Understanding Sheep

Ancestors of the sheep you see today, grazed mountains and foothills of arid and semi-arid areas. In order to survive they developed certain behavior patterns. As farmers, we need to know and make use of this behavior, so we can keep these animals in an often totally different environment, as stress free for the animal and the shepherd as possible.

What constitutes a sheep? We know it is:

  1. a flocking animal
  2. a ruminant
  3. wool covered
  4. relatively defenceless
  5. very vigilant

So what is a flock? One.... two... .three.....?

A flock of sheep is only a flock, when there are four or more of them. Several experiments have shown that this is so. One of them at Ruakura, the animal research station, just out of Hamilton by Dr. Ron Kilgour, who tried to learn how a different number of sheep negotiate a maze. One sheep took time, showed signs of stress, but learned the problem quite well. Two sheep went different ways and took longer to learn, three were even worse since they spread out rather than gather, but using four or more sheep they moved as one and learned even faster than a single sheep. So for dog trials three sheep are always used, as this is a good test for the dog.

Skipping over the ruminant and wool covered points, number 4 and 5 need further examination.

Since it looks as if sheep exist almost solely as a food source for canine and feline predators, it is actually amazing that sheep as a species have survived at all.

So how have they done it?

Being defenceless, sheep need to be very vigilant at all times. They have vision over virtually 360 degrees even when grazing. Being vigilant means they take flight and mob together with any unexpected movement or sound and seek the high ground.

Superficially this behavior might seem stupid, but for sheep this flocking instinct makes good sense. It is safety in numbers, since it is harder for a predator to pick out one of a group, than attacking one or two strays.

This strategy of keeping together and the fear of dogs, makes it easy to muster a large mob of sheep by a single shepherd and a team of well trained dogs. It also means that, in confined spaces, it is easy to stress sheep with dogs.

In the breeding season, the task of the ram is made easier because of the flocking instinct. Find the flock and sniff-hunt all the ewes that are ready to be mated. Young sheep, by staying together with adults will learn the about the sheep tracks, the best feeding ground, shelter and water. When encountering a new or strange feed, two or three sheep will sample the food and for 48 hours no other sheep will touch that food. If nothing happens the rest of the mob will start eating it. If one of the test sheep dies, the mob won't touch that food. Moreover, the mob will remember this for about five years. This behaviour has so far only discovered in sheep. So they are not so stupid after all.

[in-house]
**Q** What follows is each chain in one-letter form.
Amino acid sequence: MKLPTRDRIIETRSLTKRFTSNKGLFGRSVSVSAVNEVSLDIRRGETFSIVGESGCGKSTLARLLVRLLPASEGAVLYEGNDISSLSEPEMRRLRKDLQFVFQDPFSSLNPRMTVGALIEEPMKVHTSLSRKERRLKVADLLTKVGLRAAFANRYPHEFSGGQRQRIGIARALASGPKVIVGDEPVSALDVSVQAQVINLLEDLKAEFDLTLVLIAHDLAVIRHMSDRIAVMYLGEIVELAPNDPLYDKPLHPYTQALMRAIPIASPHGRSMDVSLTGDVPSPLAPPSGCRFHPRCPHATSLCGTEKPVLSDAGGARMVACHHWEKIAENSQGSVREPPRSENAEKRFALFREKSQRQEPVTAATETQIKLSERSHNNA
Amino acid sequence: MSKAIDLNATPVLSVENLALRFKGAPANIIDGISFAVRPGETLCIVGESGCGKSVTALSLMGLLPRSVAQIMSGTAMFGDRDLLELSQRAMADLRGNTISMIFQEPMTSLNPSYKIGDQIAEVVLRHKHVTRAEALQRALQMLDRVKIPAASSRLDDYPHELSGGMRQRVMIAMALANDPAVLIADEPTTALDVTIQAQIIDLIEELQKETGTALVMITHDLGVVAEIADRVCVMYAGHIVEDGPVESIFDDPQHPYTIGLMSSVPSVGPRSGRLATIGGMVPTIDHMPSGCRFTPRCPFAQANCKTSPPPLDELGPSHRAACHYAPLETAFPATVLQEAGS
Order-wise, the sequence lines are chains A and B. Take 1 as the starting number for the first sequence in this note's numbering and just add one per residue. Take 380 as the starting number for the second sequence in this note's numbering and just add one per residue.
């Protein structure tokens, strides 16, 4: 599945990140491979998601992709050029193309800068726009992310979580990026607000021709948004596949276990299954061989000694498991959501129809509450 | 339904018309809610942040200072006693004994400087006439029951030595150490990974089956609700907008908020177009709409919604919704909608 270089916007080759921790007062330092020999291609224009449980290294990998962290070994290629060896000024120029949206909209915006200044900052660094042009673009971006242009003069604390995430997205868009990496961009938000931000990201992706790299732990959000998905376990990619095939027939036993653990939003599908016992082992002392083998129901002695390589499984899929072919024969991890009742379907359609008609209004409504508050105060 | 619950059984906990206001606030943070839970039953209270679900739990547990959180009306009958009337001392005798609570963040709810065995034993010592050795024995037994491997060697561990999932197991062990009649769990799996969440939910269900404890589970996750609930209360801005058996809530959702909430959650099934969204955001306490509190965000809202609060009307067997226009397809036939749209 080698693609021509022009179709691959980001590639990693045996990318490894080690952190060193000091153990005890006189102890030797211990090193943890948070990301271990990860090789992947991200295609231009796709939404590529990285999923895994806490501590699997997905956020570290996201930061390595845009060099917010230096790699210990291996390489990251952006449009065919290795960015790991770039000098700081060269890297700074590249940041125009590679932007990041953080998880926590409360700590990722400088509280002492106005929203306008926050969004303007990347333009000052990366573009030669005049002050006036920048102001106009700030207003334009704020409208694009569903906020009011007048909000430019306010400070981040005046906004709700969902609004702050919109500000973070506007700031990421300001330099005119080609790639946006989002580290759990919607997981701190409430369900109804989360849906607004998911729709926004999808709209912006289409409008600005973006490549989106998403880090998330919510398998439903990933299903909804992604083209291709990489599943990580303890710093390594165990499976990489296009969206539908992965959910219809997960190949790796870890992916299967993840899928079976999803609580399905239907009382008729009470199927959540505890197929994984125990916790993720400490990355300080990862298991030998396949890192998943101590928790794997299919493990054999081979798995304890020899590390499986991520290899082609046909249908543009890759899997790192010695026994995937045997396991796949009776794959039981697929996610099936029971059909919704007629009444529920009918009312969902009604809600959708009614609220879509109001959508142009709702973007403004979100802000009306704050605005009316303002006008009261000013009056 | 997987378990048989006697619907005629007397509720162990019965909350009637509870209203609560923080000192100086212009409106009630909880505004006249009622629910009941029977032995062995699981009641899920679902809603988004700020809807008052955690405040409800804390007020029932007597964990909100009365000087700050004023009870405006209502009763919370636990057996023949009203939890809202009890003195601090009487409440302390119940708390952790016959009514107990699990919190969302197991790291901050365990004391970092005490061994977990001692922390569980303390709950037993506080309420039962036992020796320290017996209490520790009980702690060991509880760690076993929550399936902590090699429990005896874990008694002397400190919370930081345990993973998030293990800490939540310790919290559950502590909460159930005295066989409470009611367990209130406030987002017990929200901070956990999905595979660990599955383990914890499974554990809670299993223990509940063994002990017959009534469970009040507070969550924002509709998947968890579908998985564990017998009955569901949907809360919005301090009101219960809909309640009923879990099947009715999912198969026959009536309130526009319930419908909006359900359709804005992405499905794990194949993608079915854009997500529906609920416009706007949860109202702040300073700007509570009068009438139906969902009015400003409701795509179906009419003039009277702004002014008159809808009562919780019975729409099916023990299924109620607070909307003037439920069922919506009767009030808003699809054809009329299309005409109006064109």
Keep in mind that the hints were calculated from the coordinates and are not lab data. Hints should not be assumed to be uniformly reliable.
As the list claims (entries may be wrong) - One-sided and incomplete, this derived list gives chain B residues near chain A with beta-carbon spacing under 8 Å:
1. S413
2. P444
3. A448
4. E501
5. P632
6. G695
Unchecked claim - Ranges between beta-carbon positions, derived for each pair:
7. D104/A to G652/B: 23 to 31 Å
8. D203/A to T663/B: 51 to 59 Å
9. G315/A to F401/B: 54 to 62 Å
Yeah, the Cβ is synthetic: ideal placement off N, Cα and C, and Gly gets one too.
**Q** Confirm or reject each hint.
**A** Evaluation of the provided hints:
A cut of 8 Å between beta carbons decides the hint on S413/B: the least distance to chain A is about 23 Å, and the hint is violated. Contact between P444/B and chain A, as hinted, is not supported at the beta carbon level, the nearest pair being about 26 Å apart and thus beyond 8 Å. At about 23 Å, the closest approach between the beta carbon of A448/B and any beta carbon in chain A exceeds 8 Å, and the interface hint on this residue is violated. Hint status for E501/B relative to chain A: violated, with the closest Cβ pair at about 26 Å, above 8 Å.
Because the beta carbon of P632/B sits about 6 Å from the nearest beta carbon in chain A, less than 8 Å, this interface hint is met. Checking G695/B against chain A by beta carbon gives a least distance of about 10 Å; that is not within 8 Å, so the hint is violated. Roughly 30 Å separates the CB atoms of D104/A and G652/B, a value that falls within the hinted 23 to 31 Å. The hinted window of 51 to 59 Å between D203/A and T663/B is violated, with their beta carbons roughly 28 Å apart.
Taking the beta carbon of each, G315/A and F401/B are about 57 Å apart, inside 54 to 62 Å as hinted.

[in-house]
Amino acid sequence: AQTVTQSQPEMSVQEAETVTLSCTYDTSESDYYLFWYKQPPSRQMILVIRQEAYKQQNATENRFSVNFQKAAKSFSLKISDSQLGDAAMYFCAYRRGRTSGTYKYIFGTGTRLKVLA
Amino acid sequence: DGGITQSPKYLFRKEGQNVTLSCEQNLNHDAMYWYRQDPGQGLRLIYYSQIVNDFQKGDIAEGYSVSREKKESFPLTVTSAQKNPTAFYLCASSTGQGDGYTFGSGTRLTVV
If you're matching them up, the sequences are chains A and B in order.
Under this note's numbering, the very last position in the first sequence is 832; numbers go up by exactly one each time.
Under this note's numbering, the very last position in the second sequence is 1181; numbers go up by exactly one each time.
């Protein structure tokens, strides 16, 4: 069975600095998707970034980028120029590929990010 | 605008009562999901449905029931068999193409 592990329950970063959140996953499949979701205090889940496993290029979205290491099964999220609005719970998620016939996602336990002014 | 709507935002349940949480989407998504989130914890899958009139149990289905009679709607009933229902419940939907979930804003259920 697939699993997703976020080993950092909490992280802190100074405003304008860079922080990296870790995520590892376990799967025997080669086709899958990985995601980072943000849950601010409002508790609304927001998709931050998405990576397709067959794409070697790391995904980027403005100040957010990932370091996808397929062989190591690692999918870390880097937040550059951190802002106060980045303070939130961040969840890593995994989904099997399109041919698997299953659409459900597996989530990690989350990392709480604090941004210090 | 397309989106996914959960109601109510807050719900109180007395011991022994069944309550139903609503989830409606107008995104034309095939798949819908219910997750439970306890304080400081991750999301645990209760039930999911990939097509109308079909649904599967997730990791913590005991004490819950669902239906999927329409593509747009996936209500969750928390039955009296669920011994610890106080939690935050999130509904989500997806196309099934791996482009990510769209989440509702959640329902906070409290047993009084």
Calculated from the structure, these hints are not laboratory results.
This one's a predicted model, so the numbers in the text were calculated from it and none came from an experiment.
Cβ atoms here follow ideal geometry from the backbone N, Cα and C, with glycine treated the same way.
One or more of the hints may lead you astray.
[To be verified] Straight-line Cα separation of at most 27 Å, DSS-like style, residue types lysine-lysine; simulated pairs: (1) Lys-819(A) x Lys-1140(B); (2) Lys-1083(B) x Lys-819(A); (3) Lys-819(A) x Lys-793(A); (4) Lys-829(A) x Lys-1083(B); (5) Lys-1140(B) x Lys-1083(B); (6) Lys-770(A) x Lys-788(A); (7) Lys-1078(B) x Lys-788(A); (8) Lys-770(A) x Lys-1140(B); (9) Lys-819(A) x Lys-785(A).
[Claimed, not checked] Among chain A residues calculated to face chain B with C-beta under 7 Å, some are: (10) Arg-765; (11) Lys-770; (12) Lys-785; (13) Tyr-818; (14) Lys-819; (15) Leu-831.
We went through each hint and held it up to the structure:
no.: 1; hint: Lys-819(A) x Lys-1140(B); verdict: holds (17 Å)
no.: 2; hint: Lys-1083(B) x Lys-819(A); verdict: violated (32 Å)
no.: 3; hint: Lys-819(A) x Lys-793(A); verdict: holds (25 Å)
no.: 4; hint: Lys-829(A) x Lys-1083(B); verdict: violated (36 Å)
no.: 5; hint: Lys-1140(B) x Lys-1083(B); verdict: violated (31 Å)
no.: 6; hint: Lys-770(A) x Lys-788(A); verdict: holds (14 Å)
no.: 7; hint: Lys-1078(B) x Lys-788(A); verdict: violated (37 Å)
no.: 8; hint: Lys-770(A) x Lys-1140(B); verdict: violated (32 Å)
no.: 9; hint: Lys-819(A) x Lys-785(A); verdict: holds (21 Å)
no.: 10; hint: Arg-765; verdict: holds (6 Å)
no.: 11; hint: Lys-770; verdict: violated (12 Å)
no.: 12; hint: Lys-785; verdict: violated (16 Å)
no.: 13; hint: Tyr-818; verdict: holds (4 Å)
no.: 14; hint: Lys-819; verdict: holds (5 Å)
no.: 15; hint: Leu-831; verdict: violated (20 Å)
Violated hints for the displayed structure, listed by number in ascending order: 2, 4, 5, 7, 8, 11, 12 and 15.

In temperate regions, sheep are seasonal breeders (there are some breed exemptions like Merinos, Dorsets and Finns) The start of breeding is related to the declining daylight hours in the Autumn. Here in the Waikato the mean breeding season starts around March 25. With the arrival of the rams, the waxy substance in their fleece, has a turn-on effect on the ewes, the so called "ram effect". Ewes will come in oestrus in synchrony. The result in the spring (after a gestation period of 150-153 days) is that there will be a peak in lambing. The milder temperatures then will facilitate grass growth and plenty available feed for the ewes.

Back to the rams in Autumn, when they move amongst the ewes, sniffing their rear ends. If the ewe is not ready for mating, she will squat and urinate, while the ram gives the lip curl, she moves away and will not be followed. If the ewe nears ovulation he will move after her and keep near, till she will stand for mating. On approaching of the mean date older ewes will seek the ram out and it is not unusual to see a ram, surrounded by ewes with their rear end towards him. Ewes will stay in heat for 6 to 18 hours and if not mated cycle again 17 to 21 days later.

Mating makes considerable physical demands on the ram, so he needs to be in good condition and health but then he will easily serve a 100 ewes or more. The mating season will last from March/April to August. Although the sex drive is a powerful one, hunger comes first and a ram will loose only a little condition over the mating period.

At lambing time, a ewe will seek a birth site 24 to 48 hours before parturition. After birth a good Coopworth will stay at least 24 hours on the birth site. Adequate time and undisturbed conditions are needed to allow bonding. Multiple births will take longer than singles. There is a difference between breeds though and Merinos, for example, will leave the birth site within a few hours, usually leaving a second lamb behind.

In the early period after lambing ewes will recognize their lambs purely by smell, later on ewe and ewe and lamb will recognize each other by sound. Placenta and membranes are usually eaten, but not always.

Sheep are followers, and the lambs will follow the ewes from the lambing site within a few hours. It is essential for the lamb to get its first suckle as soon as possible to give it energy and immunity to a range of diseases. It also helps the bonding process essential for survival, growth and proper lamb care.

Sheep are remarkable animals that easily adjust to different conditions and handling, including considerable pressures at docking (cutting off tails and castrating in non-breeding flocks), shearing and dipping (showering with organophosphates to get rid of lice and protecting against blow-fly).

Sheep give us a variety of products that include meat, soft leather, wool, a range of pharmaceuticals, soap (tallow), lanoline, glue (from the bones), strings for musical instruments and before the advent of rubber, condoms.

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